It's pawpaw season and we are...
Pickin' up pawpaws, puttin' 'em in your pocket
Way down yonder in the pawpaw patch
Way down yonder in the pawpaw patch
If you are familiar with the song or with the pawpaw, you know that it won't fit into your "pocket" unless that pocket is an old-fashioned apron to which the song refers. You may not find pawpaw (Asimina triloba) fruit on the grocery shelf because the season lasts a short time and the fruit lasts only a few days. It makes for a temperamental harvest. Full disclosure: I was nowhere near the pawpaw patch.
Living in a small town, and having a reputation for cooking and eating ANYTHING, I am often the recipient of foodstuffs that no one else want to bother with. Yesterday I got three bags of pawpaws in various states of ripeness. One school of thought would have you believe that you need to wait till the pawpaw falls from the tree, but frankly, by that time they are over-ripe. Pick them when they have that "avocado" feel to them - a few brown spots and a gentle give should put them about ripe. Alas, most of bags were filled with the over-ripe variety, but I was able to salvage about 4 cups of pawpaw pulp.
The pawpaw is often called a Custard Apple because of its soft, custard-y flesh, but actually the custard apple is the same genus -- different species as are the cherimoya and the sweetsop. The name is probably derived from its similarity to the word papaya and the belief that the pawpaw was a similar type of fruit though the papaya is a different genus.
The pawpaw has many a banana nom de plume including the Poor Man's banana, the Hoosier banana, the Indiana banana and the West Virginia banana. Mashed up it does have that over-ripe banana consistency, though the taste of the pawpaw is a bit more melon-y. The pawpaw is the state fruit of Ohio and the largest edible fruit native to North America.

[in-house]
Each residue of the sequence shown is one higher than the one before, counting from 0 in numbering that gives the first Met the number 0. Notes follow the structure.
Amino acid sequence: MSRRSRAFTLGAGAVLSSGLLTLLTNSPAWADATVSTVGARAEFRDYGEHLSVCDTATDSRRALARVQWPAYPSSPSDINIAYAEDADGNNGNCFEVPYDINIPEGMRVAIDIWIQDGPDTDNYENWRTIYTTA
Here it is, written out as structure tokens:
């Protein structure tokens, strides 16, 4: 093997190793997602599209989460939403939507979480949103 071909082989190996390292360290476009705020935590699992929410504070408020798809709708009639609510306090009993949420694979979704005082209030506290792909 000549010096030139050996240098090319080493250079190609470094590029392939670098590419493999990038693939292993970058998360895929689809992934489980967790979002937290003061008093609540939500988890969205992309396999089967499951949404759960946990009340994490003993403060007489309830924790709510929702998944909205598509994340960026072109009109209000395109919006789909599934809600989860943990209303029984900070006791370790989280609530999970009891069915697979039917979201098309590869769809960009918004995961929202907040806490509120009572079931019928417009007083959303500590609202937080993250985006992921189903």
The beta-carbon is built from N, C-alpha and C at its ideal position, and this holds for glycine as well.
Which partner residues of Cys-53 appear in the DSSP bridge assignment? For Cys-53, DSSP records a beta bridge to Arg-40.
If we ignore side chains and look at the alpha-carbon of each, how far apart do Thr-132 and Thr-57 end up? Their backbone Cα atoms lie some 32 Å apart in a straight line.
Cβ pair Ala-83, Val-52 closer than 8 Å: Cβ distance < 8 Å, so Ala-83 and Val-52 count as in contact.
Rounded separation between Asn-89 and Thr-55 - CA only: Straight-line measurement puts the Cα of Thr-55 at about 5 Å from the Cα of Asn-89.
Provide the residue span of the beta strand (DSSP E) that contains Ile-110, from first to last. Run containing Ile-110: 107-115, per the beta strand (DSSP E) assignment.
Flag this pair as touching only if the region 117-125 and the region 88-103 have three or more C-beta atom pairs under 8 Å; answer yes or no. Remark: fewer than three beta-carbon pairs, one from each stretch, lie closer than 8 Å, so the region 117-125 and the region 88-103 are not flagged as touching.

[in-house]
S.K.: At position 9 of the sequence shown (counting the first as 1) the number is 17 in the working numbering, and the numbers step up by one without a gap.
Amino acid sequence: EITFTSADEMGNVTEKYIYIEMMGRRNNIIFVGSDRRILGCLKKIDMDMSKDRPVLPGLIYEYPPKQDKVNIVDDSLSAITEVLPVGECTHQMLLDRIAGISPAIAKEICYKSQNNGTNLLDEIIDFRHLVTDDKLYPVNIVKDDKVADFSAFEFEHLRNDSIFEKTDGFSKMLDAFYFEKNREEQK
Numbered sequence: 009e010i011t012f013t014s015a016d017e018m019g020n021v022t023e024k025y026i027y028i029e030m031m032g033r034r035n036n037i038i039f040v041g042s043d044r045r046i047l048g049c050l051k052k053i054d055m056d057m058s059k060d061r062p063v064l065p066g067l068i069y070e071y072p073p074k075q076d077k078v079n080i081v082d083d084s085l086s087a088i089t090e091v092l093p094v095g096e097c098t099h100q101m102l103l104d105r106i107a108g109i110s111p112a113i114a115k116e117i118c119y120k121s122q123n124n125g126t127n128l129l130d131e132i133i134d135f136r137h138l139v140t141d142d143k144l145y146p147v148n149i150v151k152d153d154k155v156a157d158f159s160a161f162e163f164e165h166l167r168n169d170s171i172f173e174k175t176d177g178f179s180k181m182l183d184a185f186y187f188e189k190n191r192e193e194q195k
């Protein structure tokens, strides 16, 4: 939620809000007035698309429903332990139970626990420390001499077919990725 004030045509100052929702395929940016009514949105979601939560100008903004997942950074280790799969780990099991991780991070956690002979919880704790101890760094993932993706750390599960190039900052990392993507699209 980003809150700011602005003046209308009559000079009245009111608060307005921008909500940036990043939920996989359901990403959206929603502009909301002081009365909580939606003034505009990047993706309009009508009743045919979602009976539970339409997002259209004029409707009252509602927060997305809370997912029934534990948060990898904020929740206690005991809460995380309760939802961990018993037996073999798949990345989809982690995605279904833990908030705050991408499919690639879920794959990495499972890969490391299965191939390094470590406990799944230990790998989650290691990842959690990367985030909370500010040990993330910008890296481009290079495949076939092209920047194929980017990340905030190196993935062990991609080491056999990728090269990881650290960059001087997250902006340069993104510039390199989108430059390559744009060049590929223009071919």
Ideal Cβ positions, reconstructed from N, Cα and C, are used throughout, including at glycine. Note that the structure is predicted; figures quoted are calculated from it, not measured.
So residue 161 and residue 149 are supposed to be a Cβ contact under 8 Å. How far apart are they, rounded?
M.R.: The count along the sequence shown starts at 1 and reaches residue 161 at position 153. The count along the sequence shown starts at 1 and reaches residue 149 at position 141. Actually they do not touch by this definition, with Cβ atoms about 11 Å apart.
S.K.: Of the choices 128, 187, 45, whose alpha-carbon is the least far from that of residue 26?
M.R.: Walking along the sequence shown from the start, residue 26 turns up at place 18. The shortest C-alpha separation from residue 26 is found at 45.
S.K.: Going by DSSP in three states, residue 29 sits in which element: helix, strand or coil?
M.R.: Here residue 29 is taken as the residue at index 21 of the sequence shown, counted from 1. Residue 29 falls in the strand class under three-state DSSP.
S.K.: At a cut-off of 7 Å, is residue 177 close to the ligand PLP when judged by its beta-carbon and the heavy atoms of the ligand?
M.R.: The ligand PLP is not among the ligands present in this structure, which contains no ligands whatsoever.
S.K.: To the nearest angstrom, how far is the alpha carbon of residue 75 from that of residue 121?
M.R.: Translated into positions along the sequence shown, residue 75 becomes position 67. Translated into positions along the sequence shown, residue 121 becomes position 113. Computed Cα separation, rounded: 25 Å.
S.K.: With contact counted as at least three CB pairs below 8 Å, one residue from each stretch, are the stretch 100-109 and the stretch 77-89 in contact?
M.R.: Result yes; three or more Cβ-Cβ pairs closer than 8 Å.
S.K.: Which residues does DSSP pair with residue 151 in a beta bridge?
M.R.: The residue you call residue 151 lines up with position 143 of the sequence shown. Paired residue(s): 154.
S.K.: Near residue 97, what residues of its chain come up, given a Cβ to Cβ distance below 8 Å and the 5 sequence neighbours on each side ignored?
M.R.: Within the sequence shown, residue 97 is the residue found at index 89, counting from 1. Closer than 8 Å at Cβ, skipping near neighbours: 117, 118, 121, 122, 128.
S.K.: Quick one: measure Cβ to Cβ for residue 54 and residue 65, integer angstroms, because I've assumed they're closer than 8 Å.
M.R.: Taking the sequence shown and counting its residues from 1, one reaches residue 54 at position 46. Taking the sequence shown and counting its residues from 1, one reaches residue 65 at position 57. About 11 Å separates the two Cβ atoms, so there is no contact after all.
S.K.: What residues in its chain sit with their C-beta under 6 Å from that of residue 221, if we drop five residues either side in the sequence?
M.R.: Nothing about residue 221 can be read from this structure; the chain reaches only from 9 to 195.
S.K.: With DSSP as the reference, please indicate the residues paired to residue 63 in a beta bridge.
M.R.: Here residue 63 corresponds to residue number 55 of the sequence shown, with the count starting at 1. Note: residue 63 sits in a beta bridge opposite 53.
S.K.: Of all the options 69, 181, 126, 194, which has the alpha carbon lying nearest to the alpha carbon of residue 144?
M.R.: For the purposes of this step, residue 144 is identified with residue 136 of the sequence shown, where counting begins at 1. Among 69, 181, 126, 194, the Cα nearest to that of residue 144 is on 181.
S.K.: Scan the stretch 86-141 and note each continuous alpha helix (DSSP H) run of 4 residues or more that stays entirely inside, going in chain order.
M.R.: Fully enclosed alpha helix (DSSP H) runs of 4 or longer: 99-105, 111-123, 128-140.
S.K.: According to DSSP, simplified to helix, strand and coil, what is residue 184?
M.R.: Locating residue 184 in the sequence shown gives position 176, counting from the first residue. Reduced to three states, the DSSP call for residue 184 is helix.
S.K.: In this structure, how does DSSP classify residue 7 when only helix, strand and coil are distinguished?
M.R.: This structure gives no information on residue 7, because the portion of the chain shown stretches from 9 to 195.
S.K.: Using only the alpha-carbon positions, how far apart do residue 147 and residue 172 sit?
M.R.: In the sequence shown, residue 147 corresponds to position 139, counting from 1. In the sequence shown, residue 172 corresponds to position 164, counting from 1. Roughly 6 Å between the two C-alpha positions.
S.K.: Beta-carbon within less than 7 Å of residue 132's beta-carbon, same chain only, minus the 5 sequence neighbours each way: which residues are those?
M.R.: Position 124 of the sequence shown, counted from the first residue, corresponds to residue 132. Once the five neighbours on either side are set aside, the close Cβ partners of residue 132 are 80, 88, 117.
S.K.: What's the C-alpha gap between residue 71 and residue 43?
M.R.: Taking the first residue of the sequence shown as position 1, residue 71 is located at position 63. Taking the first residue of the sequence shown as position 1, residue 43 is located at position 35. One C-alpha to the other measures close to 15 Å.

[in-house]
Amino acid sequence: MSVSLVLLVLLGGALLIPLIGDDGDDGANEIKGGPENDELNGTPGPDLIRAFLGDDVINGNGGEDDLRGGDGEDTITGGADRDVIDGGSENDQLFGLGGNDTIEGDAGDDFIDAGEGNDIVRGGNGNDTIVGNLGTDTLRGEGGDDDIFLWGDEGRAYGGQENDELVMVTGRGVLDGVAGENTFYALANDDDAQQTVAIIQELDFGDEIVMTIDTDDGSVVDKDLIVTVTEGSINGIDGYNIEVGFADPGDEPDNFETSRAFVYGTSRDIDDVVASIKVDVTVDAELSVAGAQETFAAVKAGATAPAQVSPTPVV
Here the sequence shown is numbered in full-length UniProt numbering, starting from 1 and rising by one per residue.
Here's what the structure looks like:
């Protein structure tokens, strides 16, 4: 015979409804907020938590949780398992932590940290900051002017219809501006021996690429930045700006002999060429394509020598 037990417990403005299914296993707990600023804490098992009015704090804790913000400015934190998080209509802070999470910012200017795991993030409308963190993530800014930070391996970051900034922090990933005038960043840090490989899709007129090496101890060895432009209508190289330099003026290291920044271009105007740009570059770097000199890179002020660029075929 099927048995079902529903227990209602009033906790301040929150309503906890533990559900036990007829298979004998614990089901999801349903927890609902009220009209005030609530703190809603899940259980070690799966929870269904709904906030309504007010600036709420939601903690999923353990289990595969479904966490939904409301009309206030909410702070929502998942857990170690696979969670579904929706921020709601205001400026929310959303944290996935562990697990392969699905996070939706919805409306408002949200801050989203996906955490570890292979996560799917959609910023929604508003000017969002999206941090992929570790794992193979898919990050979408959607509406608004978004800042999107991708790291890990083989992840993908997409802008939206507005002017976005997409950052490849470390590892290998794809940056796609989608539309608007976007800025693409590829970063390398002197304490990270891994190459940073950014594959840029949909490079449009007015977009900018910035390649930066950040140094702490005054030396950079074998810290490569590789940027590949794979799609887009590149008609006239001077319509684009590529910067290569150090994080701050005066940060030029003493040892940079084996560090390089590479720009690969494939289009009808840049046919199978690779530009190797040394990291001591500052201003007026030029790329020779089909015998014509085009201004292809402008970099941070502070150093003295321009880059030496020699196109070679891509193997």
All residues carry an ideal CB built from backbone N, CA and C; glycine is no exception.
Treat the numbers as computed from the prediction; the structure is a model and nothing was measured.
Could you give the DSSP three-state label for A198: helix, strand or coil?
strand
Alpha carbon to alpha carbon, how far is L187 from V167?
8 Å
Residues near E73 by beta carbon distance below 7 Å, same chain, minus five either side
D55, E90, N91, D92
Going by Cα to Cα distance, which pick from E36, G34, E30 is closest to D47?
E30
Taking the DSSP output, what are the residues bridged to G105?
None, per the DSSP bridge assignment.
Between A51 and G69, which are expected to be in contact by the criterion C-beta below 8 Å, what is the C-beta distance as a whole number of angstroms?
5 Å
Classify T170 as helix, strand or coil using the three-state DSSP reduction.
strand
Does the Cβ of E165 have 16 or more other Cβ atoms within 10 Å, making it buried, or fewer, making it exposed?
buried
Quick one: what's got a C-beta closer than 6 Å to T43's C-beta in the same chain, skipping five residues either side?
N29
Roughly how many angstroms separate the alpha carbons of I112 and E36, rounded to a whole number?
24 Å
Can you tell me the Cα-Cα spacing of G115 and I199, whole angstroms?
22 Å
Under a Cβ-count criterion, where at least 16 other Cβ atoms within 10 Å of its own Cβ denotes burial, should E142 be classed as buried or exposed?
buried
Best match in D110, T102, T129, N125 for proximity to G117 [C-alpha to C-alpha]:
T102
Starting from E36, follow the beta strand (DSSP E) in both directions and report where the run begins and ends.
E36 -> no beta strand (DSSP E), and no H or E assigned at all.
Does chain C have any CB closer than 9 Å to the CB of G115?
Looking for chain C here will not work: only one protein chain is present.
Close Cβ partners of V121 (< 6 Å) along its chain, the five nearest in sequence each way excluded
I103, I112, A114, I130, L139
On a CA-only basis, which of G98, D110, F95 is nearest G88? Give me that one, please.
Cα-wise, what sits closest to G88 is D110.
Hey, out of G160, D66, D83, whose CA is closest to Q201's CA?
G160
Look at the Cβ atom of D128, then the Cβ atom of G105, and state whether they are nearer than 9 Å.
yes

With this plethora of pawpaw goodness, I made a cake and some preserves. The cake was my usual kind of moist, fruit cake made in one of my cake boxes. The recipe can be made in loaf pans or any pan that is about 8 inches across and lined with parchment or brown paper.
Pawpaw Cake with Candied Lemon and Sultanas
1 cup sugar
1 stick (1/2cup) butter, softened
1 cup mashed pawpaw pulp
1/2 cup milk
2 cups flour
1 teaspoon salt
1 1/4 teaspoon baking soda
2 teaspoons quatre épices
1 cup sultanas
1/4 candied lemon peel, dredged in additional flour
1. Cream butter and sugar.
2. Add eggs, one at a time, until fully incorporated.
3. Mix the pawpaw pulp and the milk, in a small bowl.
4. In another bowl sift the flour, salt, baking soda, and quatre épices.
5. Alternate the pulp mixture and the flour mixture into the batter until fully incorporated.
6. Fold in the lemon peel and sultanas
7. Pour the batter into a prepared Lucinda's Wood Cake Box.
8. Bake at 300 for 90 minutes.
My other recipe was for pawpaw jam. This jam has an "order-by-mail" ingredient in the recipe. I live in a remote area and often get ingredients through the mail. This recipe calls for a soft diced ginger available at King Arthur's Flour. I love ginger. It is fairly easy to find candied ginger, but this product from King Arthur is sublime. Seriously, it is one of those things that one might be tempted to eat right out of the carton with a spoon. It is beyond versatile. A teaspoon in a cake, cookies, marinade, salad dressing... the list is as long as your imagination. If you love ginger and cook with it often, this is a must have!
Pawpaw Jam with Ginger
3 cups pawpaw pulp
2 1/2 cups sugar
1/4 cup lemon juice
1/2 cup soft diced ginger
Mix all the ingredients into a confiture pan or other non-reactive pan. Bring to a rolling boil. When a candy thermometer reaches 220 F., remove from heat and pour into sterilized jars. Process for 10 minutes.
Still want more pawpaws? Check out Cookbook Of The Day.